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BAI considering proposals over introduction of register of journalists' interest

Broadcast personnel with an editorial role in news and current affairs may have to provide details of financial and commercial relationships.

Image: AP Photo/Lefteris Pitarakis/PA

THE BROADCASTING AUTHORITY of Ireland is reviewing public submissions ahead of publishing new guidelines on fairness, objectivity and impartiality in news and current affairs which could see registers of interest being introduced for journalists.

In February, the BAI launched a draft report for public consultation which outlined proposals for the new guidelines.

That draft report included proposals requiring broadcasters to maintain a public register of interests under which journalists and other broadcasting personnel would have to provide information about some of their financial or business interests.

Under the provisions, “each broadcaster shall maintain a public Register of Interests in which personnel with an editorial role in news and current affairs shall enter details of all financial or commercial relationships that might be perceived as representing a material influence on them in, or in relation to, the performance of such editorial role, together with an indication or any individuals or companies to which the personnel in question may be deemed to owe a fiduciary duty.”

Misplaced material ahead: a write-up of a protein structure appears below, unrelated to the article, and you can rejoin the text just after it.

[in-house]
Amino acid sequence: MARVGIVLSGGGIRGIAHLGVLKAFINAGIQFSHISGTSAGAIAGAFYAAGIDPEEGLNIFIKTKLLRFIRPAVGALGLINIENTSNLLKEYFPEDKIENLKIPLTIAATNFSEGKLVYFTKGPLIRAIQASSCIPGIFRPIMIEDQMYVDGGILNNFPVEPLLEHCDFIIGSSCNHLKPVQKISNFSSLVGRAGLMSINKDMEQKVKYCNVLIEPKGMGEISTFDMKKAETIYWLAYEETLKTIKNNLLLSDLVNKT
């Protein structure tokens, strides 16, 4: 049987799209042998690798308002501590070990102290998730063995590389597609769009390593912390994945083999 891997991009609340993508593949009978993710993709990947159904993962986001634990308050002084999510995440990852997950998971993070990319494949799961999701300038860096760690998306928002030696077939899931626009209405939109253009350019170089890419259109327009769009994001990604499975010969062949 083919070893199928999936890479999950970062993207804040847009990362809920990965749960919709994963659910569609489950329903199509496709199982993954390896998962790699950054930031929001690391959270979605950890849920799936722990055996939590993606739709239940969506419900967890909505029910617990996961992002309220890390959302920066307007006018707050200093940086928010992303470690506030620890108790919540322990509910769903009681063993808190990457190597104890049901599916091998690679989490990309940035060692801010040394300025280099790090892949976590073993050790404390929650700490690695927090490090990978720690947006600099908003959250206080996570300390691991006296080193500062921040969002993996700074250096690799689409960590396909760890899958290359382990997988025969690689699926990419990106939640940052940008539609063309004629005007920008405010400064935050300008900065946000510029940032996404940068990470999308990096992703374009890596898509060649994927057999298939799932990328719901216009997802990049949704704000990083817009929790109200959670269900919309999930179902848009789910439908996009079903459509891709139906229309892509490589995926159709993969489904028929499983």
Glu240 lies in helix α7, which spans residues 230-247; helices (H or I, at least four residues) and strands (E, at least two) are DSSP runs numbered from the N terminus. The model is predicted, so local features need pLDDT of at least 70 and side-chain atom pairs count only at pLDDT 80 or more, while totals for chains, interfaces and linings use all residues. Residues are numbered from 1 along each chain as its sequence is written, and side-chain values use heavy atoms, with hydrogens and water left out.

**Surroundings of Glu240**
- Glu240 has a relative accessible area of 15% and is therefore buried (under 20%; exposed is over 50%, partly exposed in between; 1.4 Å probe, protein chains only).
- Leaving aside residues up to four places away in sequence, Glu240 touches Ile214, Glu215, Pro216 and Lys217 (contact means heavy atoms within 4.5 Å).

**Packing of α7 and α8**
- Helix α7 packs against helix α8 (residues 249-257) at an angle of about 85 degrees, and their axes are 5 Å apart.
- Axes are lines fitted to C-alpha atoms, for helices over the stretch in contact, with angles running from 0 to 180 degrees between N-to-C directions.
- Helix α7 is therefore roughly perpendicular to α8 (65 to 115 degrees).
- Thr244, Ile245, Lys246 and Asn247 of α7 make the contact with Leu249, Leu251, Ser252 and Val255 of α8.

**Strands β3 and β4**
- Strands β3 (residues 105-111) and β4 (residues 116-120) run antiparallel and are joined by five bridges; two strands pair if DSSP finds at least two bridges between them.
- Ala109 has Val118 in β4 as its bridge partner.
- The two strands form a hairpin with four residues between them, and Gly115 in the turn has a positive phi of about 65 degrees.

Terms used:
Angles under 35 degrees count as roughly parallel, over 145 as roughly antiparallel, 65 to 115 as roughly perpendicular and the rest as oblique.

The deadline for submissions of responses to the draft document was 14 March, and Minister for Communications Pat Rabbitte says that the BAI is currently considering those responses from the public “and will publish the finalised Code in due course”.

Rabbitte was recently asked in the Dáil by Labour TD Thomas Broughan whether he would consider introducing legislation to ensure that journalists working for national newspapers and broadcasters and comment “regularly on important issues of national policy” maintain a register of interests.

“I have no role in relation to journalistic standards in the print media,” Rabbitte replied.

“In this regard, I would note that the Press Council of Ireland and the Office of the Press Ombudsman were established by industry to safeguard and promote professional and ethical standards”, he added, and said that they are formally recognised under Section 44 of the Defamation Act 2009.

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